Although there is a reassuring security about not needing to work against gravity, I enjoy traveling by air because it reveals a different perspective of the Earth — and, yes, because I get to experience some of the finest machinery running today. In over two years in Charleston, I’ve been in the waterways but had not yet been on the waterways. You might call that my oversight and my loss, because the view and the calm of being on the water can be breathtaking.
I was actually on a pontoon boat earlier that day, but heavy wind and rain chased us off the water (and ripped apart the canvas canopy of the boat). The storm had mostly passed through Charleston in the hours afterwards, so hoping the sunset could be a dry and good one, I took a boated friend’s (N.B.: if it sounds familiar, it should: I’m borrowing this sort of description from the more familiar “landed elite”) offer to head to the harbor for an evening on the water.
The view of the Ravenel Bridge from Shem Creek is obstructed, though the storm cloud — or, rather, its benign cousin — that chased us off Lake Marion earlier made for an interesting foreground nonetheless.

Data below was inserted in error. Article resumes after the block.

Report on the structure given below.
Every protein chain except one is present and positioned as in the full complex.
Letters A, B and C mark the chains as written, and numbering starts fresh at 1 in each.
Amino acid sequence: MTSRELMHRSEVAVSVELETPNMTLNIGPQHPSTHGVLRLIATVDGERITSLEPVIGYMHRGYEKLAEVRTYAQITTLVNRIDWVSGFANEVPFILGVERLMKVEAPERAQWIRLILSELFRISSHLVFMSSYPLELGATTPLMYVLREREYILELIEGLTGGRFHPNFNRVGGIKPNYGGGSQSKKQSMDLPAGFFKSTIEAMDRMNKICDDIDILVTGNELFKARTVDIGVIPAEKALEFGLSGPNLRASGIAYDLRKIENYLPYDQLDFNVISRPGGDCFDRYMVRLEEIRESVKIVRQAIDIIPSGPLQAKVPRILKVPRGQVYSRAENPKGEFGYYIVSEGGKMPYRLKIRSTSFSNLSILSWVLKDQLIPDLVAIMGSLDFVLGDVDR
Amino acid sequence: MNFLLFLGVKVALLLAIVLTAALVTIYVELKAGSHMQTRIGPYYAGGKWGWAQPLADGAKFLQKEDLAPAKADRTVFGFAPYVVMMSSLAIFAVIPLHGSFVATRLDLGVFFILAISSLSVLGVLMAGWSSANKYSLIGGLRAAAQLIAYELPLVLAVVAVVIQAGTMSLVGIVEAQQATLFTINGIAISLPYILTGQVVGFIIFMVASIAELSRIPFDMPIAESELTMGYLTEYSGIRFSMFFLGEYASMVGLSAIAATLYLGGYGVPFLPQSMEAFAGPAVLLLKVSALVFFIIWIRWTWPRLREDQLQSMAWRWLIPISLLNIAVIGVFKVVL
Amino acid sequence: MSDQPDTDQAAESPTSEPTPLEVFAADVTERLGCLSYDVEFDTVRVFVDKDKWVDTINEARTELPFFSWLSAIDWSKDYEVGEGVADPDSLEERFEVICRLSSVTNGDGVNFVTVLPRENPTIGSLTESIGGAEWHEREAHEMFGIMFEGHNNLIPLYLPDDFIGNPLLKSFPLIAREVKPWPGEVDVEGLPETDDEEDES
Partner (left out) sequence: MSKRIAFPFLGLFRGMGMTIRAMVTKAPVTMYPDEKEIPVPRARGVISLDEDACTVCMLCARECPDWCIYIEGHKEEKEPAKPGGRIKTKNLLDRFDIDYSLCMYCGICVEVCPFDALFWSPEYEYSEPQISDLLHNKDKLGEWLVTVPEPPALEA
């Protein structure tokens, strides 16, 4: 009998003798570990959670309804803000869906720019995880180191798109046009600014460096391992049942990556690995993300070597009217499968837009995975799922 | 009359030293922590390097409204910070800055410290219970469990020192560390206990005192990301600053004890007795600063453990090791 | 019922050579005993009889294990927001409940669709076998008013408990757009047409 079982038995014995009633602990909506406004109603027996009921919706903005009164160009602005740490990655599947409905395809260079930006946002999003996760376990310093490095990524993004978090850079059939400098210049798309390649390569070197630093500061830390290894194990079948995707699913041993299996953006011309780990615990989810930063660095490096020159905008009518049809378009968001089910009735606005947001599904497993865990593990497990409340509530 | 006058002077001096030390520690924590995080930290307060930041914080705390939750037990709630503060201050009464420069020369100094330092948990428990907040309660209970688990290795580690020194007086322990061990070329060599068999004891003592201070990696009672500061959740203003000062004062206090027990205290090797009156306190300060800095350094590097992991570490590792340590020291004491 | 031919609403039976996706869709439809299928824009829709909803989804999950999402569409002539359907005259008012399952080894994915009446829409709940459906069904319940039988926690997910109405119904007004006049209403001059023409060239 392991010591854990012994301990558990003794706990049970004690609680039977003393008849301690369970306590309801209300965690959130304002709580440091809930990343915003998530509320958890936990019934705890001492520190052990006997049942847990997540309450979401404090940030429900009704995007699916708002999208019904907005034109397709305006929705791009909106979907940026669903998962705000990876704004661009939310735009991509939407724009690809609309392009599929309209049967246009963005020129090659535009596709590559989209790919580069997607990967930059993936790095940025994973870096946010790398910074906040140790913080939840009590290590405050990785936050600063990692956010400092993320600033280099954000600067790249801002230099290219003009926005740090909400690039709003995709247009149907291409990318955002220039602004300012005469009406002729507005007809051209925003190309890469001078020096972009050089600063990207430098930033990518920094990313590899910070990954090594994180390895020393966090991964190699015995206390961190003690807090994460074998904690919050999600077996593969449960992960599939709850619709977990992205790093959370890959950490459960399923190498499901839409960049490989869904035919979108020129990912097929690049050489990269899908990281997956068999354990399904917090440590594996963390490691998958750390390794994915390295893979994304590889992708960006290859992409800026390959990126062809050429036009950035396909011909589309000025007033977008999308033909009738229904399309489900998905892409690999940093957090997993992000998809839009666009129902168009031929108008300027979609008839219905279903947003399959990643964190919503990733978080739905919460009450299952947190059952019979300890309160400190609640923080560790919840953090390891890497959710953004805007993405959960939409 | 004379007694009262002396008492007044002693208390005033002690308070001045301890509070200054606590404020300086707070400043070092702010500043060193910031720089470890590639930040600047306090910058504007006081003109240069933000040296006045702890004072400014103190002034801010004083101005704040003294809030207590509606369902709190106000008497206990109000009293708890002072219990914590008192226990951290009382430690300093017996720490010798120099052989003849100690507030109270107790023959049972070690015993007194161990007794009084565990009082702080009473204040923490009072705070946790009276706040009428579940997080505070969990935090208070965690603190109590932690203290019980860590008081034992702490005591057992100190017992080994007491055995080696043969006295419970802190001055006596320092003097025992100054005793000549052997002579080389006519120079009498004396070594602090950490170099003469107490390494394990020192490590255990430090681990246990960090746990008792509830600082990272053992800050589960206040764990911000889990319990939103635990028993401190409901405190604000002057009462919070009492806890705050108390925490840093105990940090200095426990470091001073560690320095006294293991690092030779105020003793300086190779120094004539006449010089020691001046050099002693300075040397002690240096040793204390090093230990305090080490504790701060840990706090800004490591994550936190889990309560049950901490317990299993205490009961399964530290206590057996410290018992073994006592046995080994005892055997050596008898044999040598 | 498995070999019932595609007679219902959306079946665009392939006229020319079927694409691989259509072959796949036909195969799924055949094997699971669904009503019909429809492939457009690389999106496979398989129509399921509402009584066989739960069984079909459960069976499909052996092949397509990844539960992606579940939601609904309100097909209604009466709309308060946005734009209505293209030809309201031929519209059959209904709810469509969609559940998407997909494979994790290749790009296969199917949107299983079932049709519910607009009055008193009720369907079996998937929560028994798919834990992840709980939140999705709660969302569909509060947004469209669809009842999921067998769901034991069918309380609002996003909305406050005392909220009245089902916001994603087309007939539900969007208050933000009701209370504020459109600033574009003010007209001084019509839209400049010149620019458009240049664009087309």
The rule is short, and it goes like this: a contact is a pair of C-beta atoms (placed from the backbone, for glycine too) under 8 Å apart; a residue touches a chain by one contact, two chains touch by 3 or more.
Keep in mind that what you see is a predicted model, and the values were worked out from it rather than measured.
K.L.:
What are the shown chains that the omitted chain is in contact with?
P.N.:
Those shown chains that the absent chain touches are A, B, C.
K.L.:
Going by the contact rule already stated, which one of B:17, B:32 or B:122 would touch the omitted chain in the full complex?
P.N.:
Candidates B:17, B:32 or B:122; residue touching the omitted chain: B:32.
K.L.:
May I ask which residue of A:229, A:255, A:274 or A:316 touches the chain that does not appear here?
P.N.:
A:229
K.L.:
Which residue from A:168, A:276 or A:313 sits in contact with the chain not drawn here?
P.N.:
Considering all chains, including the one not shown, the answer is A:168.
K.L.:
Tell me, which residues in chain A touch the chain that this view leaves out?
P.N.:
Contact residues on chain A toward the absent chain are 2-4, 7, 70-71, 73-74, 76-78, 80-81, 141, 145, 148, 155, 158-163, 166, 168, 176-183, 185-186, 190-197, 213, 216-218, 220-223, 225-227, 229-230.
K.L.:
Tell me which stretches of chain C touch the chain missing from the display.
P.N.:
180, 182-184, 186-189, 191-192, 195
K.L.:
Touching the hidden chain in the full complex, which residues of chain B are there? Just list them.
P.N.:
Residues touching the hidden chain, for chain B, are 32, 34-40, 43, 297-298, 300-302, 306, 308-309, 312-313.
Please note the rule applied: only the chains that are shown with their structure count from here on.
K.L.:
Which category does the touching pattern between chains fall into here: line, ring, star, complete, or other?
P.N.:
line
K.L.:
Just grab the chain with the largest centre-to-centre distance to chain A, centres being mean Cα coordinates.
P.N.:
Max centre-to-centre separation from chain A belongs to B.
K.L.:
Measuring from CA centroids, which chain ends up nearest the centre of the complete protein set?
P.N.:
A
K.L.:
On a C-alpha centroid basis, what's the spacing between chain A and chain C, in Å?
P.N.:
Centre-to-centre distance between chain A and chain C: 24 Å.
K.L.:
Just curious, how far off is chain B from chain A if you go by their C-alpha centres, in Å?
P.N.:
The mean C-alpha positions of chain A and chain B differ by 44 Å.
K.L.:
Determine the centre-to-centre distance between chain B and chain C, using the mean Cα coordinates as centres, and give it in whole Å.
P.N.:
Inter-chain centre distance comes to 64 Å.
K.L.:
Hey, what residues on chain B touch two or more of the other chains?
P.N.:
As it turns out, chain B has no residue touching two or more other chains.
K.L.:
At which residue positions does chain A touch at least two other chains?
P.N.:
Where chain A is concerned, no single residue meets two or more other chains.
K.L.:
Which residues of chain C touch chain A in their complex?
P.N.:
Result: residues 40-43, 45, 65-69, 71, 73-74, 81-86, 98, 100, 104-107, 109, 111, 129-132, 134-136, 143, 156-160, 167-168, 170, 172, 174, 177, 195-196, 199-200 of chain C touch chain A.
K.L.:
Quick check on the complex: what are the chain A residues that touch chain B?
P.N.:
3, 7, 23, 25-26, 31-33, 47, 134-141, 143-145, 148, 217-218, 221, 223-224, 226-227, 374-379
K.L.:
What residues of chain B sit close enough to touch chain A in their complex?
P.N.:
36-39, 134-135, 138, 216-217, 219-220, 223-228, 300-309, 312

The last time I had taken a photo of downtown from this area, I was on land and saw a decently colorful sunset. This time, the sun ducked behind some clouds and turned the sky a dark orange. I don’t know how photographers on the open seas get horizontal horizons — it can be frustrating to hold a camera steady on a rocking boat!
We left Shem Creek and headed toward the Battery. Rainbow Row didn’t seem visible from the shipping lanes, but the houses toward the tip of the peninsula weren’t so monochromatic themselves.
I have no elaborate story about boating like the ones about my love for the 777 to share here, and because I love mountains above all, I still think that I’ll prefer ground to air to water. However, suffice to say that my first time seeing Charleston from the water surrounding it was pretty cool. The full-Crayola-color sunrise or sunset still eludes my camera, but one day it will happen — and I hope to be on the water when it does.